# Calculate (Root) Mean Squared Error in R (5 Examples)

In this tutorial you’ll learn how to **compute the mean squared error (MSE) and the root mean squared error (RMSE)** in R programming.

The article consists of five examples for the computation of the MSE and RMSE. More precisely, the page consists of this information:

It’s time to dive into the examples!

## Creating Example Data

As the first step, we have to construct some example data:

set.seed(39756934) # Create example data x <- rnorm(100) y <- rnorm(100) + 0.5 * x my_data <- data.frame(x, y) head(my_data) # Print head of example data |

set.seed(39756934) # Create example data x <- rnorm(100) y <- rnorm(100) + 0.5 * x my_data <- data.frame(x, y) head(my_data) # Print head of example data

As you can see based on Table 1, our example data is a data frame consisting of the two columns “x” and “y”.

Next, we can estimate a linear regression model using the lm function:

my_mod <- lm(y ~ x, my_data) # Estimate linear model |

my_mod <- lm(y ~ x, my_data) # Estimate linear model

The previous R code has created a new data object called my_mod, which contains the output of our linear regression. In the following examples, we’ll use this model object to compute the MSE and RMSE.

## Example 1: Calculate MSE Using mean() Function & Residuals

Example 1 illustrates how to calculate the mean squared error based on the mean function and the residuals of our linear regression.

Have a look at the following R code and its output:

mean(my_mod$residuals^2) # Calculate MSE # [1] 0.7643822 |

mean(my_mod$residuals^2) # Calculate MSE # [1] 0.7643822

As you can see based on the previous output of the RStudio console, the MSE of our analysis is 0.7643822.

## Example 2: Calculate MSE Using mean() & predict() Functions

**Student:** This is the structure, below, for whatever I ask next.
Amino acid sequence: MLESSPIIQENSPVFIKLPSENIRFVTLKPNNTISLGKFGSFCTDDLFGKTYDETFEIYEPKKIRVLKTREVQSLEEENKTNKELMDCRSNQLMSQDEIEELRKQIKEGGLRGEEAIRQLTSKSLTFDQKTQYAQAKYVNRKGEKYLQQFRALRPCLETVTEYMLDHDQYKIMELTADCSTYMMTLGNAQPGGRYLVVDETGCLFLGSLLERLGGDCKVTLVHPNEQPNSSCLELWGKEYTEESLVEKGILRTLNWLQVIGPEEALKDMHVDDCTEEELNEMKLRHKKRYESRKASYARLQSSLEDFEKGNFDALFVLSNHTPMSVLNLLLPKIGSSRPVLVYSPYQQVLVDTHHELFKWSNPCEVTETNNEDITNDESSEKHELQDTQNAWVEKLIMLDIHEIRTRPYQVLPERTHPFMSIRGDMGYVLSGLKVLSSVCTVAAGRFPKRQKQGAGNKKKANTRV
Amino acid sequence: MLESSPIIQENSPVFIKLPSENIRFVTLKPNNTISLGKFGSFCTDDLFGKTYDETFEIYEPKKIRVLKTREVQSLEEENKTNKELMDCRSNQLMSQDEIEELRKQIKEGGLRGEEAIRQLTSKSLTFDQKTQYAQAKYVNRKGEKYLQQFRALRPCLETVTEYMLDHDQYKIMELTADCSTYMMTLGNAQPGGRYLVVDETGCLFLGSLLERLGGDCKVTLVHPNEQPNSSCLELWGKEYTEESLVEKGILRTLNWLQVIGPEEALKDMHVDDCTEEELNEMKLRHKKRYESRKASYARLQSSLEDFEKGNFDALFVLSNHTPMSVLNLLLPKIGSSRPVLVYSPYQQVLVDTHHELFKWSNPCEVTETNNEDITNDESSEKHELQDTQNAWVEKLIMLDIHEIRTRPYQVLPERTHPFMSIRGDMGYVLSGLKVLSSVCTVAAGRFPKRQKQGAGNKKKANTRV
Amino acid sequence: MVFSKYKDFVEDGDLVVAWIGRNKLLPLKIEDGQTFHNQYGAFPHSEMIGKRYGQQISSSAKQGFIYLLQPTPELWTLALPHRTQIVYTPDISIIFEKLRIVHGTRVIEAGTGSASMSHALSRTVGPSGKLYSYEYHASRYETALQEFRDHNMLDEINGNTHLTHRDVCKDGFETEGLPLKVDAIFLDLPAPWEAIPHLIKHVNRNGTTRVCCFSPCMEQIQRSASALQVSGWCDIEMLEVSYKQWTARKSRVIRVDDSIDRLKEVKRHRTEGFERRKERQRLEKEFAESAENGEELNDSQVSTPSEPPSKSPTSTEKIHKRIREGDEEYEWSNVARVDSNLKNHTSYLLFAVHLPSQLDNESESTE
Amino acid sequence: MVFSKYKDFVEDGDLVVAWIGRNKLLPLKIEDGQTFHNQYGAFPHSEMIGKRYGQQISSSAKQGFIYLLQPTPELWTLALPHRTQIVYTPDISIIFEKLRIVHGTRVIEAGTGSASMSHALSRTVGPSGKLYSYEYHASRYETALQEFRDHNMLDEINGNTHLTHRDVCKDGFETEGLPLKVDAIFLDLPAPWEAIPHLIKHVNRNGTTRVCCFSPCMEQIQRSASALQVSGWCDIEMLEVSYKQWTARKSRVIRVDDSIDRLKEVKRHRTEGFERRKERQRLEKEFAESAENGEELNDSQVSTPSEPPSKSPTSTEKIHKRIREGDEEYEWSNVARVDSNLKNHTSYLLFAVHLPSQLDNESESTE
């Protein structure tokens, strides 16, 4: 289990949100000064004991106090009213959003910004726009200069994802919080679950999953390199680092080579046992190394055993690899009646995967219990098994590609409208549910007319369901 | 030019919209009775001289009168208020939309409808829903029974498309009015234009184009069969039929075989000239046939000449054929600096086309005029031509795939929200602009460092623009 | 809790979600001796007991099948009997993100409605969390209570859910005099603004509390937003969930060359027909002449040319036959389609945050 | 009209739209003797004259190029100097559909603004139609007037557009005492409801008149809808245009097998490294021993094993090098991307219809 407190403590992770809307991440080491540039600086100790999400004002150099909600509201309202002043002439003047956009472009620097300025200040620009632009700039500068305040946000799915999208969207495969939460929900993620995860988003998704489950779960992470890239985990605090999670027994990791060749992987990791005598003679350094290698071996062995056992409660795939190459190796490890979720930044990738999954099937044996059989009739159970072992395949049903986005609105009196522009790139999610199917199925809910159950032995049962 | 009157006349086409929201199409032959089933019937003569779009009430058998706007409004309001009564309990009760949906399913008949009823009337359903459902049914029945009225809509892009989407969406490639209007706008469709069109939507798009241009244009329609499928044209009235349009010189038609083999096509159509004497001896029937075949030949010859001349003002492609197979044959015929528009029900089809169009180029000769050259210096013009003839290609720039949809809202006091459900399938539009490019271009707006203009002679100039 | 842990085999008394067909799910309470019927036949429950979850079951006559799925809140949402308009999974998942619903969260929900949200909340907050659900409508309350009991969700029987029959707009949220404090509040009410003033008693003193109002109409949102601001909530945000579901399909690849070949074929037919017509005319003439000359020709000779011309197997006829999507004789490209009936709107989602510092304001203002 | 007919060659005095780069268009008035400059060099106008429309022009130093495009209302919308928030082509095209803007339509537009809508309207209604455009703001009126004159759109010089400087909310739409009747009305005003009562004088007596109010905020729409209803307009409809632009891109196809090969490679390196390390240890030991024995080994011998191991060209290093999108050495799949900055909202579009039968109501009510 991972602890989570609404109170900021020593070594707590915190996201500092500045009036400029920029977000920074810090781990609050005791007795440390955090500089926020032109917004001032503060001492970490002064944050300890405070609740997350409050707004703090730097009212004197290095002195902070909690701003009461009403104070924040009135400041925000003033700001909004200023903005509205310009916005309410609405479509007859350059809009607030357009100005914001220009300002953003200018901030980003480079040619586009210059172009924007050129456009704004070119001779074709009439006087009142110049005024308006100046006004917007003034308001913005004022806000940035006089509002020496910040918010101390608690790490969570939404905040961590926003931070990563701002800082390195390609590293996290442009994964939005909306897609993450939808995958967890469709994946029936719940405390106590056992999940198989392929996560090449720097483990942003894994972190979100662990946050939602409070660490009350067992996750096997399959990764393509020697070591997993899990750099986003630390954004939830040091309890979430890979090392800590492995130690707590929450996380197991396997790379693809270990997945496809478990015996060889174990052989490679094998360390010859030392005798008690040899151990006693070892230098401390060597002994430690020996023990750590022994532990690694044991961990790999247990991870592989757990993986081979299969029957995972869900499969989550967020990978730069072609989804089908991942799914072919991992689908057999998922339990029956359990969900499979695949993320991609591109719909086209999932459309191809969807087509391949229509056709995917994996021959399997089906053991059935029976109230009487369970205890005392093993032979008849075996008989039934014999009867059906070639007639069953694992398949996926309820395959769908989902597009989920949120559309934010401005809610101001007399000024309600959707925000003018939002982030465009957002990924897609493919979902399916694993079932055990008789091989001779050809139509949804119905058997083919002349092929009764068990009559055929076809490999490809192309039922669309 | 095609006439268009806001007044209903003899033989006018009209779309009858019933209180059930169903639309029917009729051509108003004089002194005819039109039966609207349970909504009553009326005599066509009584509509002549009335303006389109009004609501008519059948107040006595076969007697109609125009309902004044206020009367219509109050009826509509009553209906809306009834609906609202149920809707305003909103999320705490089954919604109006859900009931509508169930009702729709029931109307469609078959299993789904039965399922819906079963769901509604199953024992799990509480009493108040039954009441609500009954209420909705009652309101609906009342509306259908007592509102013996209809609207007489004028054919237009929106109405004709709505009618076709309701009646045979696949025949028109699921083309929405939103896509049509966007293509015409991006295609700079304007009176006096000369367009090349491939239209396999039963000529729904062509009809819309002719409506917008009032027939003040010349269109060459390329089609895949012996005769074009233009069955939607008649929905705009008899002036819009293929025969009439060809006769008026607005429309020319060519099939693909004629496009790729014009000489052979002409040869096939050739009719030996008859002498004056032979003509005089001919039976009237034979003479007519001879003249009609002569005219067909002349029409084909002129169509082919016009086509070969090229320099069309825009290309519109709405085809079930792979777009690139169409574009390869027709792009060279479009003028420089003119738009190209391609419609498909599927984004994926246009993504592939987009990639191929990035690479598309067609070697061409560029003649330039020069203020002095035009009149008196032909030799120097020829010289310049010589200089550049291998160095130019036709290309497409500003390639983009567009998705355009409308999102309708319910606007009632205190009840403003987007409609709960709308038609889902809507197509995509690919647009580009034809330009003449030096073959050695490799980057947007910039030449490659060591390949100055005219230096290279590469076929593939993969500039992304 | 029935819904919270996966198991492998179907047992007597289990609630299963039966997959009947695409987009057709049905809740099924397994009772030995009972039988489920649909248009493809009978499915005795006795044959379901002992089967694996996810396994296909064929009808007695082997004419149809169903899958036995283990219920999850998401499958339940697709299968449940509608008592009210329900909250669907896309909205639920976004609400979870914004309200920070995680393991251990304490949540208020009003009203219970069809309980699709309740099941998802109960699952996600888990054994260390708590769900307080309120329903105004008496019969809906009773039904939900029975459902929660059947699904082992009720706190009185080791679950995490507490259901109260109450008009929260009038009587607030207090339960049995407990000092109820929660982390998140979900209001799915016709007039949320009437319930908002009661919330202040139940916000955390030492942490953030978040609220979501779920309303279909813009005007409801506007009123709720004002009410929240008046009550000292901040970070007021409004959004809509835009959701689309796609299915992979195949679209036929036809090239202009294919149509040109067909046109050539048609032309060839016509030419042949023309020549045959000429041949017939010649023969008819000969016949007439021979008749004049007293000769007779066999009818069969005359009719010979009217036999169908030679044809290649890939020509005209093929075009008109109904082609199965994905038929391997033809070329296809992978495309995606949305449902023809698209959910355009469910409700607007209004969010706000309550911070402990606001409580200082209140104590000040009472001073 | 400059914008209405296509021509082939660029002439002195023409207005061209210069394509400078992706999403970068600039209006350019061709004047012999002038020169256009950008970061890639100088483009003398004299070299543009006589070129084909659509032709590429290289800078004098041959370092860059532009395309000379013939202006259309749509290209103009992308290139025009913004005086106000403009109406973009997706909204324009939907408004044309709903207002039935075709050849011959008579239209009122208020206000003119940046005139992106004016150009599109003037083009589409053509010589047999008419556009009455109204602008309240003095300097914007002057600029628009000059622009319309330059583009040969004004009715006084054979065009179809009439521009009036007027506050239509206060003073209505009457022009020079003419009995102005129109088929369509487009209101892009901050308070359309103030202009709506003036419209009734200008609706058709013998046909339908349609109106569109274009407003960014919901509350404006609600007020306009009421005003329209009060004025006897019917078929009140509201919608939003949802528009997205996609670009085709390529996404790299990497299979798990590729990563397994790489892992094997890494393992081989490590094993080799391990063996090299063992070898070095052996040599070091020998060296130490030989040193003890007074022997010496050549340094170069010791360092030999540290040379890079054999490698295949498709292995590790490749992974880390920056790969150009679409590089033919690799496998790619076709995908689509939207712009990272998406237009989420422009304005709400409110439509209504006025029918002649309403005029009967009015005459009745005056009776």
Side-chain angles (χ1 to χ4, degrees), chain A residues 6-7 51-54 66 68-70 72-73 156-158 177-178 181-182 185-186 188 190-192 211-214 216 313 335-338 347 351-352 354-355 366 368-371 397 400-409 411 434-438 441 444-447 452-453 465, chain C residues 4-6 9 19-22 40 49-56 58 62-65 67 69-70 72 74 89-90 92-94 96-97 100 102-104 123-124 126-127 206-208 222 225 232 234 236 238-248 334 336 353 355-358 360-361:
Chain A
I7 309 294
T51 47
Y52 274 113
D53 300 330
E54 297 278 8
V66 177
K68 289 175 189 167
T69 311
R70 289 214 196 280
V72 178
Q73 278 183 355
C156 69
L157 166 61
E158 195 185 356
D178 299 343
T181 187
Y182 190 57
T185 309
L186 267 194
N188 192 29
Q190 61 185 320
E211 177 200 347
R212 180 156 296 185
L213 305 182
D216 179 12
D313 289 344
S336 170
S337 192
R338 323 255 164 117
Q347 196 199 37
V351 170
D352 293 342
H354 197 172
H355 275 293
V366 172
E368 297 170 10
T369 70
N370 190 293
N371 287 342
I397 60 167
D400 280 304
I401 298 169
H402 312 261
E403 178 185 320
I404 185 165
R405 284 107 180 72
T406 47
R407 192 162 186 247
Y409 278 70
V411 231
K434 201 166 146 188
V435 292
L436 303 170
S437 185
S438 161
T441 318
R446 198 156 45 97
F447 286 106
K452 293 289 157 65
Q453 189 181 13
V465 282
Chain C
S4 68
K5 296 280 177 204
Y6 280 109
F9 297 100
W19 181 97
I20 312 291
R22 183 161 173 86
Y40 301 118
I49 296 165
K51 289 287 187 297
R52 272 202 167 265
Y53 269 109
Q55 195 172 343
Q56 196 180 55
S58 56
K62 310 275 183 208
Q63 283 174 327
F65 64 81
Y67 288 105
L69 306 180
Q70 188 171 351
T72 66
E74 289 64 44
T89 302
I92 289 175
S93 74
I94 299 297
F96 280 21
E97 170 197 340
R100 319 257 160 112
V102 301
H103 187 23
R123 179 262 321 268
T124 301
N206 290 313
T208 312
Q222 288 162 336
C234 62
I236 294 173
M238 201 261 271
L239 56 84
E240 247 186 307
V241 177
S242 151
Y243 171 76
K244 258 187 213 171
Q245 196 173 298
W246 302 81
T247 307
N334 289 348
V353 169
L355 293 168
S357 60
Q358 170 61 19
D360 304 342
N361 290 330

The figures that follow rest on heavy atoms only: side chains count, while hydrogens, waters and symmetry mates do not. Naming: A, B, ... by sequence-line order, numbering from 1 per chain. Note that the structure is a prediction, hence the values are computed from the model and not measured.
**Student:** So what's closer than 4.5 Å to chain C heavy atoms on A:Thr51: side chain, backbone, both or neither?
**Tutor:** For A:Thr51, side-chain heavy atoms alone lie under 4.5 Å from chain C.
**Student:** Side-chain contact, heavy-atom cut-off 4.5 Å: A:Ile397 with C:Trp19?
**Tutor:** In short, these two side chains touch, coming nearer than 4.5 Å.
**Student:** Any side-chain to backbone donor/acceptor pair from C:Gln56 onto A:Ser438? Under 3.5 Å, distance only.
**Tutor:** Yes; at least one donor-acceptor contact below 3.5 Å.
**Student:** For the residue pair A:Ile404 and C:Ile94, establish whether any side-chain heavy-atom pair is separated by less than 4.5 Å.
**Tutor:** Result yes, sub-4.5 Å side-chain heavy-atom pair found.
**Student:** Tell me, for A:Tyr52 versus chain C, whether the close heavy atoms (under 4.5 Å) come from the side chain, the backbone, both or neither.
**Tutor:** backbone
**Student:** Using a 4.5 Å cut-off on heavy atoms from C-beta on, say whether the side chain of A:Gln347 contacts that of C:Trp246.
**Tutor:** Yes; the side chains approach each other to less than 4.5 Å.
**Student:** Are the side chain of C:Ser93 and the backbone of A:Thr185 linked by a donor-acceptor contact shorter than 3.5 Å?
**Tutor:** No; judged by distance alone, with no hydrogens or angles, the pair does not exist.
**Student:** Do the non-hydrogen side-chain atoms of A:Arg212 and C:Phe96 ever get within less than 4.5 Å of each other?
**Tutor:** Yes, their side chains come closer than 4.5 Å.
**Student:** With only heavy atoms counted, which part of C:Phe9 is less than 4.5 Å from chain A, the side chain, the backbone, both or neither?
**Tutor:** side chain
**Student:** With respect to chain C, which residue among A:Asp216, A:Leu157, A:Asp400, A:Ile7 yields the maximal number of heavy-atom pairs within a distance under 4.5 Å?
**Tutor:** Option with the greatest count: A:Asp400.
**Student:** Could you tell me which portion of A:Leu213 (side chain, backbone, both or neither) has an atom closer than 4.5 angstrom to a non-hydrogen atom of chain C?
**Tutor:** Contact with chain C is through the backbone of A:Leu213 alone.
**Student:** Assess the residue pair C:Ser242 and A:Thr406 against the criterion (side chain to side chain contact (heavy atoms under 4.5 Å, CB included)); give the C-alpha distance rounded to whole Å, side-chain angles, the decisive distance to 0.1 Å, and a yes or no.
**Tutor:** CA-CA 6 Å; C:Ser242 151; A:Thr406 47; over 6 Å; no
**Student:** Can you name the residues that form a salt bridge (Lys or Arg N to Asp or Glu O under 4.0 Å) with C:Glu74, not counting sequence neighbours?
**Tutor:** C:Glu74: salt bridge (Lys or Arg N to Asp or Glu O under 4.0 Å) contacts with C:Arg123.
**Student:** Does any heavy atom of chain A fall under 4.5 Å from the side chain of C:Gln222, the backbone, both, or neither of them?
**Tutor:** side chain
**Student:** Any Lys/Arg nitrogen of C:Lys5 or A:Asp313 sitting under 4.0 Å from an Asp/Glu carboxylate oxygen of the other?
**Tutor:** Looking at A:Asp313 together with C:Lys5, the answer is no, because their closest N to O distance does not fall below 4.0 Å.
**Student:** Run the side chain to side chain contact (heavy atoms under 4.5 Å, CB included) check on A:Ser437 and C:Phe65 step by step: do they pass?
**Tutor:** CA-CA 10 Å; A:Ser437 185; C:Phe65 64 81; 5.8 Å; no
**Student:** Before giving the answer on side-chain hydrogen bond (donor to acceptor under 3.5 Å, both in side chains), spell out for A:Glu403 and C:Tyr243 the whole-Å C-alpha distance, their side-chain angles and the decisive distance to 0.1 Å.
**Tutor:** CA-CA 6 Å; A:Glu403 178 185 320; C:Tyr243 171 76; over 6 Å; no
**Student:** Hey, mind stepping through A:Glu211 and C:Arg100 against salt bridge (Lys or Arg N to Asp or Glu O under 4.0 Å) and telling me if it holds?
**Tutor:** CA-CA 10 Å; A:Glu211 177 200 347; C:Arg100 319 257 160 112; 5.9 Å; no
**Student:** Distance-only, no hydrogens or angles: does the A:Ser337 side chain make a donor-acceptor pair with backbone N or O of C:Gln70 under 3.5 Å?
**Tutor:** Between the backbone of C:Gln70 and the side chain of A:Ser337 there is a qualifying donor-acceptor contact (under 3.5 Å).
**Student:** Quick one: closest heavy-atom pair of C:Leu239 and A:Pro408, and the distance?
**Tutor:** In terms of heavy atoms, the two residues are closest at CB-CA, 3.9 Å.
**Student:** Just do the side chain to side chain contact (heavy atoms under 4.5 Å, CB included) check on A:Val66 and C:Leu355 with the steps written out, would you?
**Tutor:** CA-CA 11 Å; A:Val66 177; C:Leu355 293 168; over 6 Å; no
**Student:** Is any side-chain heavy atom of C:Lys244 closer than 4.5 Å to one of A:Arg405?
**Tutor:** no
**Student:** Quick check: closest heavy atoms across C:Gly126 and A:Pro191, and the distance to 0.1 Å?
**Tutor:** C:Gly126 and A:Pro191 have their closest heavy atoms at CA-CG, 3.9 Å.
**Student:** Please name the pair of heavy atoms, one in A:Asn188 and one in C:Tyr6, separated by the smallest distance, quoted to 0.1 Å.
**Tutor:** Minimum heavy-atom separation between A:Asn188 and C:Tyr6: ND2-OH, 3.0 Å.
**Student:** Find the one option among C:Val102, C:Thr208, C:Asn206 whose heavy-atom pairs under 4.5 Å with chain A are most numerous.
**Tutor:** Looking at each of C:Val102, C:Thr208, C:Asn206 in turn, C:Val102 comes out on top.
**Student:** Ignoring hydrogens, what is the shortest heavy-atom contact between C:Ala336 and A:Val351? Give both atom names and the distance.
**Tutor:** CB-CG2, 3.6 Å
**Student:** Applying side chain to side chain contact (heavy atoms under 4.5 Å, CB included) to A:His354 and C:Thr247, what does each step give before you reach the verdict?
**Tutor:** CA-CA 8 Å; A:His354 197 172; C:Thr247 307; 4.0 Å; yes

Example 1 has explained how to compute the MSE using the mean function and the residuals of our model. However, the R programming languages provides alternative ways to calculate the mean squared error.

This example illustrates how to use the mean and predict functions to calculate the MSE of a regression analysis:

mean((my_data$y - predict(my_mod))^2) # Calculate MSE # [1] 0.7643822 |

mean((my_data$y - predict(my_mod))^2) # Calculate MSE # [1] 0.7643822

The result is exactly the same as in Example 1.

## Example 3: Calculate MSE Using mse() Function of Metrics Package

So far, we have only used the functions provided by the basic installation of the R programming language.

Example 3 explains how to compute the MSE using the mse() function of the Metrics package.

First, we need to install and load the Metrics package.

install.packages("Metrics") # Install & load Metrics package library("Metrics") |

install.packages("Metrics") # Install & load Metrics package library("Metrics")

Next, we can apply the mse and predict functions to calculate the MSE:

mse(my_data$y, predict(my_mod , my_data)) # Calculate MSE # [1] 0.7643822 |

mse(my_data$y, predict(my_mod , my_data)) # Calculate MSE # [1] 0.7643822

Again, the result is 0.7643822. Whether you want to use the Metrics package or one of codes of the previous Examples is a matter of taste!

## Example 4: Calculate RMSE Using mean() & sqrt() Functions

We can easily adjust the previous R codes to calculate the root mean squared error (RMSE) instead of the mean squared error (MSE).

For this task, we can simply apply the sqrt function to the output of one of the previous codes to calculate the square root of this result.

In this example, I’m applying the sqrt function to the R syntax of Example 1:

sqrt(mean(my_mod$residuals^2)) # Calculate RMSE [1] 0.8742895 |

sqrt(mean(my_mod$residuals^2)) # Calculate RMSE [1] 0.8742895

As you can see, the RMSE of our regression model is 0.8742895.

## Example 5: Calculate RMSE Using rmse() Function of Metrics Package

The Metrics package that we have already used in Example 3 also provides a function to calculate the RMSE. This function is called rmse() and can be applied as shown below:

rmse(my_data$y, predict(my_mod , my_data)) # Calculate RMSE [1] 0.8742895 |

rmse(my_data$y, predict(my_mod , my_data)) # Calculate RMSE [1] 0.8742895

The result is the same as in the previous example.

## Video & Further Resources

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